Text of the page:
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Communication Essentials

Impactful technique

After a Qualis Health training at a local hospital, read how one nurse tearfully realized the value of Teach Back.

Use Teach Back to increase patient comprehension and decrease risks during care transitions

Published in the Communities for Safer Transitions of Care Monthly Briefing, June 2012
 

None of us are at our best when ill or under stress—yet those are the very conditions that patients often experience when they interact with healthcare professionals. How can we be sure that patients fully understand the implications of their diagnosis, their discharge instructions, or other important news related to their health?

Studies have shown that patients who are asked to recount instructions, using "Teach Back" techniques, have greater recall and comprehension. The Teach Back method actively involves patients in the discussion—and greater patient activation is correlated with reduced risk for rehospitalization.

Patients should be able to explain, in everyday words:

  • Diagnosis / health problem for which they need care
  • Name / type / general nature of the treatment, service, or procedure
  • Issues or "red flags" to watch for and what to do when they occur
     

Teach Back Process

Who?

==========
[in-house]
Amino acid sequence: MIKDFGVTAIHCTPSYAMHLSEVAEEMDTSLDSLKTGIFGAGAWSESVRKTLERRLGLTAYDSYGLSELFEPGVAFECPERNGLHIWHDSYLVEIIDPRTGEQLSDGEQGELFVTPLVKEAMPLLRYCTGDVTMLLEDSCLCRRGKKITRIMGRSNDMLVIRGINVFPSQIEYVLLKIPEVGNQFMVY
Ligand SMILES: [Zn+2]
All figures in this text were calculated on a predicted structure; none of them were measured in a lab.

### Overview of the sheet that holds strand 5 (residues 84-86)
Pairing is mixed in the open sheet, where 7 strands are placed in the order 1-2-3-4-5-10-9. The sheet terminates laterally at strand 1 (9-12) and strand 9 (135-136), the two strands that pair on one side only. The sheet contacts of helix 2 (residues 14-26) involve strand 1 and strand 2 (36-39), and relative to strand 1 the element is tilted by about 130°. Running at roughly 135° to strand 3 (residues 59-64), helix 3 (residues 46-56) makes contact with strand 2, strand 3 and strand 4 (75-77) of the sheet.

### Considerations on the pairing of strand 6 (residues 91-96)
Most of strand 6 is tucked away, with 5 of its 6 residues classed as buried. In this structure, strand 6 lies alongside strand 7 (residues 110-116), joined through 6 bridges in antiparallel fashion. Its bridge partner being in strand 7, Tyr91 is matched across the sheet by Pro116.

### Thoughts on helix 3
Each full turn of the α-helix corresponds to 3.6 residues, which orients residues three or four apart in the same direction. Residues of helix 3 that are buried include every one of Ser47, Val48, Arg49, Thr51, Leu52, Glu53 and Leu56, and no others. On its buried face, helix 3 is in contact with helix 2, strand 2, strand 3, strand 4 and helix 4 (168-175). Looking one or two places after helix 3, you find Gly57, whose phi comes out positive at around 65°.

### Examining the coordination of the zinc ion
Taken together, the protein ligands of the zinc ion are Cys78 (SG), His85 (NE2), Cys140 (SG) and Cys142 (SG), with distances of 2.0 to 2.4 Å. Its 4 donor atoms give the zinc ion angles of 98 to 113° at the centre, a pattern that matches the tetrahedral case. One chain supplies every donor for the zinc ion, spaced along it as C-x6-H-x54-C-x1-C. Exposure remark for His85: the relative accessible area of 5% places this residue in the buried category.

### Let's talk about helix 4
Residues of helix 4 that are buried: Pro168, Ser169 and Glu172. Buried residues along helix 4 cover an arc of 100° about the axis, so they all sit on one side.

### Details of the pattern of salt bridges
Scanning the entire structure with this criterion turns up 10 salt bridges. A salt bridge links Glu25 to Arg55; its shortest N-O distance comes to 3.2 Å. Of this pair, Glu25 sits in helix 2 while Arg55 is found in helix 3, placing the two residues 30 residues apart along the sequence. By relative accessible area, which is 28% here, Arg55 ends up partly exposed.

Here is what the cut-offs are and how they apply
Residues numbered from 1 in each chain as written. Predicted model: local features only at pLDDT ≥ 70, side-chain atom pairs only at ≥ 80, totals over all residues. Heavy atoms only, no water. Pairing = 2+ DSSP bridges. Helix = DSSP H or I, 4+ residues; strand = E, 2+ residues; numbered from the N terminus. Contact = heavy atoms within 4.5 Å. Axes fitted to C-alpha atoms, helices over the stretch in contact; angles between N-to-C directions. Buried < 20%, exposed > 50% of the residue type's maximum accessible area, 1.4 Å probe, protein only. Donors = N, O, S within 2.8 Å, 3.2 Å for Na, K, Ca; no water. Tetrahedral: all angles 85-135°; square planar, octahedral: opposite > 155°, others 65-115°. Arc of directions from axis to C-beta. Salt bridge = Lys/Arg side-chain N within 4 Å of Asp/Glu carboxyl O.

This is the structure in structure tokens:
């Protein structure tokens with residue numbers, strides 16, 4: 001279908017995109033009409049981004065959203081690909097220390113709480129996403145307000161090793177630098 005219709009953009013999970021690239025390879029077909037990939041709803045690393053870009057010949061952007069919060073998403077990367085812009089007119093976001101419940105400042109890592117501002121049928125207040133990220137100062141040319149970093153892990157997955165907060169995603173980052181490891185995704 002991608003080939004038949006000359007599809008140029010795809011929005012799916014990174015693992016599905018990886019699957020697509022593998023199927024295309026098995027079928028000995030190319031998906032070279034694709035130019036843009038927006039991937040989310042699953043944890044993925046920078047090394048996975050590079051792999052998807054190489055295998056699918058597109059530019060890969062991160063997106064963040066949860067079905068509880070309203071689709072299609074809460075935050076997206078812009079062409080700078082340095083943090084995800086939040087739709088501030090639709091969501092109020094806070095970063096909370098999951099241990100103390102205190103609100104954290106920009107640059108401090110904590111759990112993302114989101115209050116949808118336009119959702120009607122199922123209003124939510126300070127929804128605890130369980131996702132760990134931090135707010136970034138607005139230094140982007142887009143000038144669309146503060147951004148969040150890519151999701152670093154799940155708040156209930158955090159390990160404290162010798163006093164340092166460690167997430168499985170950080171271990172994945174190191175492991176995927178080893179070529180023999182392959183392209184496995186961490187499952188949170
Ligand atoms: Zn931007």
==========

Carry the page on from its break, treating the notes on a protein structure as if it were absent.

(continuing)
All staff interacting with patients and caregivers

 

When?

Early in the care process and at each decision point or transition

 

How?

Patients should be able to show they understand, and not just repeat back or nod.

The provider should own the concern:

  • "I want to be certain I explained this clearly"
  • "I want to be sure we have the same understanding"
  • "Can you tell me, in your own words..."

It is important to not make patients feel like they are being tested; rather, this is a double-check on how well the provider has explained things.

Once a gap in understanding is identified, offer additional teaching or explanation followed by a second request for Teach Back.

 
 

The Teach Back methodology is simply a shift in the provider's communication style and is not difficult to learn. In addition to the patient safety issues, this type of patient-centered communication also provides a real opportunity to enhance providers' skills and increase patient satisfaction.
 

Video demonstrations and discussion

Learn more about the impact of health literacy and how Teach Back can address this challenge by viewing videos produced by the American Medical Association Foundation (short version, approximately 5 minutes or long version, approximately 23 minutes).

Take an online course and get printer-friendly coaching tips in the Always Use Teach-back! training toolkit.

View Teach Back demonstrations produced by the North Carolina Program on Health Literacy.